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PostPosted: Jun 30, 2009 06:59    Post subject: Re: Carboniferous septarians  

John, Any idea what kind of environment your indonesian apatite/pyrite formed in? It certainly is unusual.
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Pete Modreski
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PostPosted: Jul 02, 2009 18:00    Post subject: Re: Carboniferous septarians  

Meredith,

Do your septarians from Kansas actually contain a pattern of hollow places and mineral-filled cracks in the interior, like the classic septarian nodules from Utah or elsewhere? (as opposed to just being round, solid nodules) I think that most of us have never seen such nodules from Kansas; perhaps you can post a picture of one that has been sawn or broken in half.

Sincerely, Pete
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John Jaszczak




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PostPosted: Jan 09, 2011 20:58    Post subject: Re: Carboniferous septarians  

Pete Richards kindly took me to Donahoe Station, Pennsylvania many years ago. It was great fun and yielded many great micromounts. Here is one of my favorite trigonal wurtzites- actually one I found in processing septaria Pete gave me.


452-28.JPG
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Trigonal wurtzite. ~2mm. Donahoe Station, Pennsylvania.
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452-28.JPG


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hettybrah




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PostPosted: Apr 21, 2011 23:38    Post subject: Re: Carboniferous septarians  

Found this in a google search. I live in Eastern PA and recently moved near a bunch of strip mines. Two separate friends from separate circles told me about "amethyst geodes" they found in the area that were 3-4ft long.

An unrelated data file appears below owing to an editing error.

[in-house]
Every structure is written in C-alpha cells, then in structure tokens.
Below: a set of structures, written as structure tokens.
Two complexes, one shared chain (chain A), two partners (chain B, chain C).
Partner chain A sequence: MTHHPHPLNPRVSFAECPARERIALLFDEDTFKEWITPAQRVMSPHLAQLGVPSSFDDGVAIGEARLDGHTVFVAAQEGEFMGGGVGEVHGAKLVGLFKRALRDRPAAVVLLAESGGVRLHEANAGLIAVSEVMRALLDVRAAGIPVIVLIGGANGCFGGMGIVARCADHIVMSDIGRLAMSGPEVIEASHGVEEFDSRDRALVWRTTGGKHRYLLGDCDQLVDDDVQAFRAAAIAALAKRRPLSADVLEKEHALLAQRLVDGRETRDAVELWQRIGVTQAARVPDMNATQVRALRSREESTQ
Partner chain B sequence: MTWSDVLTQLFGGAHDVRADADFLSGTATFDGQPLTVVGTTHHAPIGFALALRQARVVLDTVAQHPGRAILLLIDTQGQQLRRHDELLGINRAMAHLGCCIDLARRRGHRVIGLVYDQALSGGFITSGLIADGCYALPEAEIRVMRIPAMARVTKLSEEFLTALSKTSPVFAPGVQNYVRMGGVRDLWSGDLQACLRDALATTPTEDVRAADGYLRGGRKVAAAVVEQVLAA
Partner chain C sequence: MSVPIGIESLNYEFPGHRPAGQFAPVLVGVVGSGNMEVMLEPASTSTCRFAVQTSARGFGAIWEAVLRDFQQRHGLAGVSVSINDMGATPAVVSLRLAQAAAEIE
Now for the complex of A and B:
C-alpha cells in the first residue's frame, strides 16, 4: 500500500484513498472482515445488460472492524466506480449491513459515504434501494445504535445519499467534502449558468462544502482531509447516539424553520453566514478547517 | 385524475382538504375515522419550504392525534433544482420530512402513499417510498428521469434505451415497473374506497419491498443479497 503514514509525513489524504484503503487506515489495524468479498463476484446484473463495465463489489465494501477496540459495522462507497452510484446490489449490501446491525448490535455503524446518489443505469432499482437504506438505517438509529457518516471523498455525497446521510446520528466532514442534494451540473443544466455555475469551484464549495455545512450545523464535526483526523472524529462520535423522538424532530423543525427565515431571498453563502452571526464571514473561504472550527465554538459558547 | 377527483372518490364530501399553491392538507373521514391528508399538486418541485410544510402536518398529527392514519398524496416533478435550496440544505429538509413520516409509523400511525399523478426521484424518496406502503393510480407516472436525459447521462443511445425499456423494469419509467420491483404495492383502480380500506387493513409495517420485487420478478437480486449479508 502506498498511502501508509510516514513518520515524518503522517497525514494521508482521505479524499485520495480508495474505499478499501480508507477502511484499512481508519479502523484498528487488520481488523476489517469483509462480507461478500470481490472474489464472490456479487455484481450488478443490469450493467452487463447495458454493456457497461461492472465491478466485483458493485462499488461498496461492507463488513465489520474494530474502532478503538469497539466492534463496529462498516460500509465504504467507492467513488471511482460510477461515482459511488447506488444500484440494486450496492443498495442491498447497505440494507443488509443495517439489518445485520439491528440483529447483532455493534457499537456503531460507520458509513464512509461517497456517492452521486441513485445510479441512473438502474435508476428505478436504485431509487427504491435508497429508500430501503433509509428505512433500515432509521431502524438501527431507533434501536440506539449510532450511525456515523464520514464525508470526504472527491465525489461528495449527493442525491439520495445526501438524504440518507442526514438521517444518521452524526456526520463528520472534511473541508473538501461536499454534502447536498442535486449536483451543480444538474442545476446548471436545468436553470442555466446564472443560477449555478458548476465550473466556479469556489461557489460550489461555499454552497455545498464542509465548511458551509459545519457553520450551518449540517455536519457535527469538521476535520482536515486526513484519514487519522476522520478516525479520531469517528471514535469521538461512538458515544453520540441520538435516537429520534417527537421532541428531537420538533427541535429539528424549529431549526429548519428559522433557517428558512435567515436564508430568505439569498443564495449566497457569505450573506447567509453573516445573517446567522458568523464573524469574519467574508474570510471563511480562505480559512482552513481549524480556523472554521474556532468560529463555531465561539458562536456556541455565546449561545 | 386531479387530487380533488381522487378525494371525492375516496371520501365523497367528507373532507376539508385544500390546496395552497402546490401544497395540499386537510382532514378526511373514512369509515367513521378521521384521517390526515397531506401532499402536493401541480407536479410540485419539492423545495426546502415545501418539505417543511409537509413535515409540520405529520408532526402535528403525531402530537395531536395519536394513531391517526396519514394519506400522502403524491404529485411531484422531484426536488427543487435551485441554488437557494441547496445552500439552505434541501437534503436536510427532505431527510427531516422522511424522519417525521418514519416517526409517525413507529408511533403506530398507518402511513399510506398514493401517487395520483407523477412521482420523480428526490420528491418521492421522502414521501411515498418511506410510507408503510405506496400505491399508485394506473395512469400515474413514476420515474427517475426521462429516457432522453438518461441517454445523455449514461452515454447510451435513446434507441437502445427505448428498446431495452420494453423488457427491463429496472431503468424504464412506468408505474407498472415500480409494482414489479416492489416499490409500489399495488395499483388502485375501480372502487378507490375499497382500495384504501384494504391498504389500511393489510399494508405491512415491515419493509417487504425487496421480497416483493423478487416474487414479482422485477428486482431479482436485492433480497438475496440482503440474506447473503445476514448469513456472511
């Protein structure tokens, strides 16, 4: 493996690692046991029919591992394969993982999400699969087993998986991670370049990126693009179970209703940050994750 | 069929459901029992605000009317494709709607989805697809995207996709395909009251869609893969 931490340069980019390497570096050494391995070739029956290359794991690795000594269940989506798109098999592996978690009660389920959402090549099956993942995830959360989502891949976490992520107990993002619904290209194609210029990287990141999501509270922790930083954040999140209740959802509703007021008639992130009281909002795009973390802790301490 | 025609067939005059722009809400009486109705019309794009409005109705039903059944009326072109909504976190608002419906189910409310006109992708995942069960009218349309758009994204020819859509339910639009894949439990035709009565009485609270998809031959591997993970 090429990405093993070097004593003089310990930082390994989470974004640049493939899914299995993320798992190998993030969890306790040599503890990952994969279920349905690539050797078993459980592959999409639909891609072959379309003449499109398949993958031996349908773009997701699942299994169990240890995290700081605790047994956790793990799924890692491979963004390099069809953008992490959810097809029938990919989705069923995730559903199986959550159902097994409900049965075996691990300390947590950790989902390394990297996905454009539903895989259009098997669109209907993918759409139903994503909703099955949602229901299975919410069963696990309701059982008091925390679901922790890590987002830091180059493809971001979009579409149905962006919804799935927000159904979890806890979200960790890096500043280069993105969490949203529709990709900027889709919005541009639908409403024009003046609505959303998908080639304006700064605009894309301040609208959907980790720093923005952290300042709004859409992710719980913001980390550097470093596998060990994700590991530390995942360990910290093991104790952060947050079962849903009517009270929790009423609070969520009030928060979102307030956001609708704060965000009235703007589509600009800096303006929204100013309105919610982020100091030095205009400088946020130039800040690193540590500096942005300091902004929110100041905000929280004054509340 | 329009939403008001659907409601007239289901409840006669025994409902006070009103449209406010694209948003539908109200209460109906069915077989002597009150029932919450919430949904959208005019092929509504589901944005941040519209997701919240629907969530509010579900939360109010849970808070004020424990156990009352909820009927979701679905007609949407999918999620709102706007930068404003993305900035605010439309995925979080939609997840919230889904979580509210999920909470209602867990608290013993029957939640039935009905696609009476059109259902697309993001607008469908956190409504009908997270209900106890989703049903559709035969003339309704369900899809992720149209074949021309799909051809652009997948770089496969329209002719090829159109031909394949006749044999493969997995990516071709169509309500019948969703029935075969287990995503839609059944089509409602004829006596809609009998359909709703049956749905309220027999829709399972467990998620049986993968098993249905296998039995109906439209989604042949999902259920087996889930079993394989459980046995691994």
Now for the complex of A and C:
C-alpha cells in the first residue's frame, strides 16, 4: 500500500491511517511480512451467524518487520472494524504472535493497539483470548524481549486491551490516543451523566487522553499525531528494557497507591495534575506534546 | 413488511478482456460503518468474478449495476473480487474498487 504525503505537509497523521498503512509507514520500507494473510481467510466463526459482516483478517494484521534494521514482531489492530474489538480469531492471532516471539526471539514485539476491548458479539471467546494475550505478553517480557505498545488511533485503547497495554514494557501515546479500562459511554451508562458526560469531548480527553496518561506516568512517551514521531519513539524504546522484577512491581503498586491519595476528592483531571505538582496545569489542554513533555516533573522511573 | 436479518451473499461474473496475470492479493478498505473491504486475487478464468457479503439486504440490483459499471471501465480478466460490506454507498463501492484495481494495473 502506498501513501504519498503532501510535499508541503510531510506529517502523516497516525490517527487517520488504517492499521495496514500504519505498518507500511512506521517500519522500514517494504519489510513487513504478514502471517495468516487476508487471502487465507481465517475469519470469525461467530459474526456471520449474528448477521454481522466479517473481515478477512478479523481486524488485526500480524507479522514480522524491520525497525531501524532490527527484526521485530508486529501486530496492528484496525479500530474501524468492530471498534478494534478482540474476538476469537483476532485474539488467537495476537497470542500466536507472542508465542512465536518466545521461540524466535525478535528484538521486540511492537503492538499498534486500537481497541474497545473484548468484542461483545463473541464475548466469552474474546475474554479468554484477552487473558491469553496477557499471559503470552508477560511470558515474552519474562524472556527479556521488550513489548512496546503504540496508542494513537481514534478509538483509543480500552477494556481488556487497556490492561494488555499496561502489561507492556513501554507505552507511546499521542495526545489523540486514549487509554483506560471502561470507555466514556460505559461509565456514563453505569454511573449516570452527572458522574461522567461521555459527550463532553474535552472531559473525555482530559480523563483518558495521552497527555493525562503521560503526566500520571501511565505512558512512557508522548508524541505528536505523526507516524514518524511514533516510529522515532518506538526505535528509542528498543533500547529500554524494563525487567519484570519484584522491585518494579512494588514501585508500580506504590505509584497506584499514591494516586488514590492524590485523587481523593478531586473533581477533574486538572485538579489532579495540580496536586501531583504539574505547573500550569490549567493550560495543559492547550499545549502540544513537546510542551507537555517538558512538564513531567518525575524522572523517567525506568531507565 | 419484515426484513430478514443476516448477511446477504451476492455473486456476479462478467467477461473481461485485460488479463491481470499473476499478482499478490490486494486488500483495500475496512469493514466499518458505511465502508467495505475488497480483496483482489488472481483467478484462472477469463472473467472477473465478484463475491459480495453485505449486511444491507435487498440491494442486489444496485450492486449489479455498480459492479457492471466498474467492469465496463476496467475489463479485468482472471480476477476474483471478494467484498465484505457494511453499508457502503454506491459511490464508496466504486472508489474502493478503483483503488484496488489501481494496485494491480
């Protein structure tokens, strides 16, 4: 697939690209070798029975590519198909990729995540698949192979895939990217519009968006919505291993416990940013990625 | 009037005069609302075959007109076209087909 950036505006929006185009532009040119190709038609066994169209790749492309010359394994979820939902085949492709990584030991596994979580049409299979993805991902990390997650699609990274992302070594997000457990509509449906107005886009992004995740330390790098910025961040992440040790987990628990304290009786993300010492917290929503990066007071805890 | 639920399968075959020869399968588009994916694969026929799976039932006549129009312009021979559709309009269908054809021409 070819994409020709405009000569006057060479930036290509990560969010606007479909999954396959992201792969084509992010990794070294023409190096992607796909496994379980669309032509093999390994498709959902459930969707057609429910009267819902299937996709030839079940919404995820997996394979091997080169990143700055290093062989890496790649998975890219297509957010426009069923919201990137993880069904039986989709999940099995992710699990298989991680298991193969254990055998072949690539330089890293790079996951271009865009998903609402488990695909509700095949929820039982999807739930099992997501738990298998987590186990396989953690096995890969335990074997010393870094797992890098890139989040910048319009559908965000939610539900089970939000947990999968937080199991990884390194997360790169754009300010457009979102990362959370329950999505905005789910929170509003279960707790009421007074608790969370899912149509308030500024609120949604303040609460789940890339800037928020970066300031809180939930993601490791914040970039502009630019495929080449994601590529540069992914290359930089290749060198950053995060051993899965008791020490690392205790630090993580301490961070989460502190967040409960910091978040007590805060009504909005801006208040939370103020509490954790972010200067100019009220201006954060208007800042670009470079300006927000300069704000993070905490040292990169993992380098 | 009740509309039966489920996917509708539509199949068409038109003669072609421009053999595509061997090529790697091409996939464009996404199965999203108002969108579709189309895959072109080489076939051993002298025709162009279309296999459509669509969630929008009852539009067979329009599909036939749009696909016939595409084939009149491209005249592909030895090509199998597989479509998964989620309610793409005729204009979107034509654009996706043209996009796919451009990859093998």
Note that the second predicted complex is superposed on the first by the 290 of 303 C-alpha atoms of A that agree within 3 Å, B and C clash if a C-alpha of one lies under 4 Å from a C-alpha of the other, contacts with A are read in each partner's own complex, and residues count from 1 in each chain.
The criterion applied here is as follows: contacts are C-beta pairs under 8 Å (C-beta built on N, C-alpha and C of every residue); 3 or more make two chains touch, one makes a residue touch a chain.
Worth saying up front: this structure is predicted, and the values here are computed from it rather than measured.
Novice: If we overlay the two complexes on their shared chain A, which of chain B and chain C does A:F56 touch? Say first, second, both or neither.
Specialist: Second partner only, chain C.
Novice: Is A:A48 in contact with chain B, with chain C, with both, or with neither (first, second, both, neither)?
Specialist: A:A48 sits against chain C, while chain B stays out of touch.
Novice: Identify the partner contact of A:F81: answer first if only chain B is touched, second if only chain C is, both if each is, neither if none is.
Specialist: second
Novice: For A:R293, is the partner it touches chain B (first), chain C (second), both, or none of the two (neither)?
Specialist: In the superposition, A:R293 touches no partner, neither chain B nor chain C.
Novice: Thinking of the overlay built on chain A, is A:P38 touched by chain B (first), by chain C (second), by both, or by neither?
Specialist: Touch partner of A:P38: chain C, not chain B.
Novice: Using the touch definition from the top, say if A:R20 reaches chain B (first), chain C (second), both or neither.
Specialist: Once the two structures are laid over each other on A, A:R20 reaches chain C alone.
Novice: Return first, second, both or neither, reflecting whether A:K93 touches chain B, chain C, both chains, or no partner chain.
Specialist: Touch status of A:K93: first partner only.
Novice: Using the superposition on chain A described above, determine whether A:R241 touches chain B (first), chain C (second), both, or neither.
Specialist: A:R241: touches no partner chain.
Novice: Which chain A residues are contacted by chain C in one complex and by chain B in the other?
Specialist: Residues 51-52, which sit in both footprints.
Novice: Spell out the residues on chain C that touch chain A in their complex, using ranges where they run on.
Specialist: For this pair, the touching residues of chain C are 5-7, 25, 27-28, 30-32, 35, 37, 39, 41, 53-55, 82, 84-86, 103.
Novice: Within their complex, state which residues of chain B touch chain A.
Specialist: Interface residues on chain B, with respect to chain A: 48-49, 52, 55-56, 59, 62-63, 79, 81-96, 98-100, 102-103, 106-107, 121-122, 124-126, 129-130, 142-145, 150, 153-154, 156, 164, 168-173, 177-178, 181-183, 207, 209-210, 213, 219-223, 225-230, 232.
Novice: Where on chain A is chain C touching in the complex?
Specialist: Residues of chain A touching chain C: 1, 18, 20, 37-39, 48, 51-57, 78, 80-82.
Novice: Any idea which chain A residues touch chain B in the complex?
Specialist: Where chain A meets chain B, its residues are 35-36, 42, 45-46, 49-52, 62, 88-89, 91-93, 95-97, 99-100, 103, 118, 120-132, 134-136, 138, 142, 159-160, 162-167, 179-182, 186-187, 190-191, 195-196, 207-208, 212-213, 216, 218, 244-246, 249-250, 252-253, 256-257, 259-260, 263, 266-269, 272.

I did a bunch of exploring and came across these nodules, which were VERY HARD...this one was loaded with pyrite, but the "pocket" seems to be not even scratching the surface of the actual concretion. The nodule just laughed at my 20lb "persuader" sledge. This thing was harder than even the herkimer diamond rock up in NY!!!! Any suggestions on opening them up? How the heck you you cut a slab out of a 4ft rock?!?!?



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hettybrah




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PostPosted: Apr 21, 2011 23:42    Post subject: Re: Carboniferous septarians  

I did find a smaller one(2ft) that was broken open, and managed to chisel out a small thin slab of "the core"....it had 3 one-inch pyrite cubes in it...badly damaged due to my extraction methods, though :/


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hettybrah




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PostPosted: Apr 21, 2011 23:56    Post subject: Re: Carboniferous septarians  

partial pyrite cube that came from the smaller broken nodule.